Backstage on DVD
Though it was picked up by the specialty distributor Strand Releasing (which has several of the artiest art films in the festival this year), the celebrity-worship drama Backstage never made it to Seattle again. It's a shame, because obsession this epic should really be seen on the big screen. (I can't say the same for Agnès Godard's cinematography, which consists of a lot of close-ups in a perpetual predawn haze.)
There's a long tradition of films that consider the erotically charged relationship between a powerful woman and her enthralled pupil, beginning with the 1931 German feature Mädchen in Uniform, but Backstage adds celebrity culture and makes the obsession mutual. Lucie (the damp-eyed Isild Le Besco) loves Lauren (Emmanuelle Seigner, fantastically remote), an egotistical pop star who's meant to resemble Blondie. Lucie's bedroom walls are plastered with Lauren's image, but when a reality TV show brings the real thing to her house, she completely freaks out.
Somehow, that dismal performance in front of the cameras persuades Lucie that she's successfully preserved the sacred potential of their relationship, and she stalks Lauren all the way back to her hotel in Paris, where plenty of other fans are camped out on a park bench. Through persistence, a conveniently timed bloody nose, and a ludicrously vulnerable countenance, Lucie wheedles her way into Lauren's hotel room and insinuates herself into her life. Lauren makes Lucie her gofer, and then her useless pet. Lucie, meanwhile, is stoic in her ecstasy. Then she decides it's a good idea to sleep with Lauren's ex.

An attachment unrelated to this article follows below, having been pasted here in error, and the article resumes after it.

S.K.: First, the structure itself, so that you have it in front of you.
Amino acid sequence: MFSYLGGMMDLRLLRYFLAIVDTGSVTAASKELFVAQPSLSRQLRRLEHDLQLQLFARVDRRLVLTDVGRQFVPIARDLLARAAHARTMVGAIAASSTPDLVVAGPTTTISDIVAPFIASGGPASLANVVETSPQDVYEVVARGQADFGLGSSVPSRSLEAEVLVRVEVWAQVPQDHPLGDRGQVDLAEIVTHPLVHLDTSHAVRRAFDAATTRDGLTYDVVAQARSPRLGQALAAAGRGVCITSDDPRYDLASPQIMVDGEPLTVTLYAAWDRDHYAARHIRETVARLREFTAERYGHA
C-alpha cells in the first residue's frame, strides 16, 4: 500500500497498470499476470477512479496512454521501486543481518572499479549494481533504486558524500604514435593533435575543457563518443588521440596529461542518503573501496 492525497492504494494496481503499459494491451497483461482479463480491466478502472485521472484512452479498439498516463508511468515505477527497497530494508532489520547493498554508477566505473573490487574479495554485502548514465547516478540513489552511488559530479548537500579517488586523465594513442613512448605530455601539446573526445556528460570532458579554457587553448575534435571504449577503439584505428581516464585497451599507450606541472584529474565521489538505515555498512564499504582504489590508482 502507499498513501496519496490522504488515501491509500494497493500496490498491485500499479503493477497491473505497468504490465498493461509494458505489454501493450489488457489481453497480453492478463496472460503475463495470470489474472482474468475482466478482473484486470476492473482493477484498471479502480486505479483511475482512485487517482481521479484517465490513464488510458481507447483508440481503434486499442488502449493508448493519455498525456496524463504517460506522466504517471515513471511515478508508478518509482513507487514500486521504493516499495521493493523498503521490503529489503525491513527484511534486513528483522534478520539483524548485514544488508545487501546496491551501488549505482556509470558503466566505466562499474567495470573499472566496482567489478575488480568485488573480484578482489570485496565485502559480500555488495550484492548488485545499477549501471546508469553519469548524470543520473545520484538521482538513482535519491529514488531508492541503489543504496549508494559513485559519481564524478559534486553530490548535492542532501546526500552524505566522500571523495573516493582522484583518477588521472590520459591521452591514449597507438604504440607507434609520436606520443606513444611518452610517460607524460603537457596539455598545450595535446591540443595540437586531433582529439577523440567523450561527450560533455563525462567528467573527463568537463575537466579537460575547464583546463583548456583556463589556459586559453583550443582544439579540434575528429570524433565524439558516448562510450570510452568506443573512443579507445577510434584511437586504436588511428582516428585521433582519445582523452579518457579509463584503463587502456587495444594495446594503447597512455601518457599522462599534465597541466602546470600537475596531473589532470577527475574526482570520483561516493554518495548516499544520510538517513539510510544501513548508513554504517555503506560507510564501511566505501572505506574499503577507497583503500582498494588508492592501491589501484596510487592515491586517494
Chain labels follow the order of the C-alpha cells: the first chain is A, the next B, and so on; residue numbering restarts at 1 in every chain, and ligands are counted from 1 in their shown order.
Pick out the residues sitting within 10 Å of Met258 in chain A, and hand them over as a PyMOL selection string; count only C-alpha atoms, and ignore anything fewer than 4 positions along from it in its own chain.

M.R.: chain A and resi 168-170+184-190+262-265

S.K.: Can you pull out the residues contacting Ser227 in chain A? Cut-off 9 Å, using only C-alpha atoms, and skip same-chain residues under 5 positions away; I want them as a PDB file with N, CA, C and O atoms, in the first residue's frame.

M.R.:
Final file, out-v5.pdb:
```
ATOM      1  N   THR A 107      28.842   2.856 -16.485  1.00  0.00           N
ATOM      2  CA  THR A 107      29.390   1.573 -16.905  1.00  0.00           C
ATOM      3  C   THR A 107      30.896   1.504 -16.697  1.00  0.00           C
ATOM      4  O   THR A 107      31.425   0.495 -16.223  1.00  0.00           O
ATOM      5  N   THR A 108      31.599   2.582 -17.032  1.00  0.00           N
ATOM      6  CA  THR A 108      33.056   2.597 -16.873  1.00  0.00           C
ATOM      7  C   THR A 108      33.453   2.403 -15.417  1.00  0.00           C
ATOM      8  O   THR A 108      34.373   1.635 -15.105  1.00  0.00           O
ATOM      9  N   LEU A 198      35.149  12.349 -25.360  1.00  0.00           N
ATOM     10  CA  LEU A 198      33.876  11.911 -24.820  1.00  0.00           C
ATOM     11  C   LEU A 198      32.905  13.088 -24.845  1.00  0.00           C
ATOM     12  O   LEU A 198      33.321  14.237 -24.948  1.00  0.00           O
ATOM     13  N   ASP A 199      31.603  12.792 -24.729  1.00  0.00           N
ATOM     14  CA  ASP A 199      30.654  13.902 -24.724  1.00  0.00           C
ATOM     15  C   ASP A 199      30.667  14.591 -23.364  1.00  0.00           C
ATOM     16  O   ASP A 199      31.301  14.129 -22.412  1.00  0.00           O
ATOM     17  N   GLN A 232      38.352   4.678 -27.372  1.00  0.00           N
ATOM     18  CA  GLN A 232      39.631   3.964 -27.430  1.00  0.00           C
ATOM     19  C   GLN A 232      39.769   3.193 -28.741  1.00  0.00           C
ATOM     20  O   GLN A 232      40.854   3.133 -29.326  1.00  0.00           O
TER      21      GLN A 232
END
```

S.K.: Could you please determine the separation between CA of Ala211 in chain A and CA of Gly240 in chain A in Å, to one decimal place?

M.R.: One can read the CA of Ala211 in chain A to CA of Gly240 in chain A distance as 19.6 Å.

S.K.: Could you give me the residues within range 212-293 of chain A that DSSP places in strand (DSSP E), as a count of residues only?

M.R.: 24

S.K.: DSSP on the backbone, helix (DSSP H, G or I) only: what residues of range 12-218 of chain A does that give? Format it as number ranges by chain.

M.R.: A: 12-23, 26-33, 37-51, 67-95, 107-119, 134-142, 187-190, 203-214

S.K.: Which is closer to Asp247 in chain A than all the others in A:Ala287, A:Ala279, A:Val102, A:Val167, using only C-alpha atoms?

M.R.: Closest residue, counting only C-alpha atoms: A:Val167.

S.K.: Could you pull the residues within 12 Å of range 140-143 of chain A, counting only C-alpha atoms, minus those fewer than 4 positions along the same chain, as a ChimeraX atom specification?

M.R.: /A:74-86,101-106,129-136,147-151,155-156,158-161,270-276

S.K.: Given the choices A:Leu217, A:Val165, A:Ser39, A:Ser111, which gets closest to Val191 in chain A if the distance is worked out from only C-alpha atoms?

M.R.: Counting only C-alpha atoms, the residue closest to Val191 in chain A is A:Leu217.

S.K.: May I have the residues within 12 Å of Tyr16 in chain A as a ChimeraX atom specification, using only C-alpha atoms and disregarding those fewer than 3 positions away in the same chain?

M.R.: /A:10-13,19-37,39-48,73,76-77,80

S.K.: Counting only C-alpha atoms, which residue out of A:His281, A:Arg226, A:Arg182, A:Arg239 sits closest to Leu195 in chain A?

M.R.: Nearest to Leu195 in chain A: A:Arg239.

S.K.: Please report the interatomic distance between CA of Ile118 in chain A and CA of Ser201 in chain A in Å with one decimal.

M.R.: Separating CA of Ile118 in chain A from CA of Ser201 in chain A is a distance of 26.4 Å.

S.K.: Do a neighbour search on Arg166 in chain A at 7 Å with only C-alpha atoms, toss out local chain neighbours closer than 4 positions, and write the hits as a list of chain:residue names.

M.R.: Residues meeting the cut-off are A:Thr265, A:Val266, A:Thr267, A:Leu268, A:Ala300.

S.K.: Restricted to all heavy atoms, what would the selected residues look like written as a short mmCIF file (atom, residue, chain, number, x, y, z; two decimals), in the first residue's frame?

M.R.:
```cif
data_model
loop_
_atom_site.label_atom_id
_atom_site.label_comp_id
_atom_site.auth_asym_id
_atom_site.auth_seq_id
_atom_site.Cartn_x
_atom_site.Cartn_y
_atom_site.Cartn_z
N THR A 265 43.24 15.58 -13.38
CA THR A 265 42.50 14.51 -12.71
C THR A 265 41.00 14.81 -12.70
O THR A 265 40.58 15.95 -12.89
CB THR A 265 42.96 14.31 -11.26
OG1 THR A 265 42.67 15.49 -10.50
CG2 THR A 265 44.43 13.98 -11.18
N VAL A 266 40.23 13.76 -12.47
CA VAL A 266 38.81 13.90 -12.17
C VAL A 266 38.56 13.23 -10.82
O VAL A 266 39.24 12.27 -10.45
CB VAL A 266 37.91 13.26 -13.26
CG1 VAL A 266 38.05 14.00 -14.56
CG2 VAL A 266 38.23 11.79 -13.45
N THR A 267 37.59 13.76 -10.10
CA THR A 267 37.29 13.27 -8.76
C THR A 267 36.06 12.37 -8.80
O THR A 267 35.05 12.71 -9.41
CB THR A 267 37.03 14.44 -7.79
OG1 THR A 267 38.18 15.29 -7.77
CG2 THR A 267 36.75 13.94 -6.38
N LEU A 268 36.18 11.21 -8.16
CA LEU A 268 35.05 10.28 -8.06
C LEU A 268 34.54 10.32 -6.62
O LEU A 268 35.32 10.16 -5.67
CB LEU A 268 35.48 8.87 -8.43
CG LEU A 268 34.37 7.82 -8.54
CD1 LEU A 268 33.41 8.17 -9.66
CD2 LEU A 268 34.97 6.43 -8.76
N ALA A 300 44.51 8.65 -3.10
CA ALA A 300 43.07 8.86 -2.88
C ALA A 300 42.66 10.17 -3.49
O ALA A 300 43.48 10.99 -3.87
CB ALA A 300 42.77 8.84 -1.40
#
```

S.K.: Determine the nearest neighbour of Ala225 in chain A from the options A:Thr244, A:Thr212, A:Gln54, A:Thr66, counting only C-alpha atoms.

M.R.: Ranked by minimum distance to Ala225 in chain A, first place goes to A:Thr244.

There's no character development in Backstage. The manager paces, the assistant sucks on cigarettes, the ex-boyfriend stands around looking handsome. But against this backdrop of shallow personalities and straightforward business concerns, Lucie and Lauren's fucked-up theatrics appear three-dimensional and vivid. Backstage delivers authentic emotions in a total vacuum. That's not so unusual, of course, but most movies have the backhanded courtesy to pretend otherwise.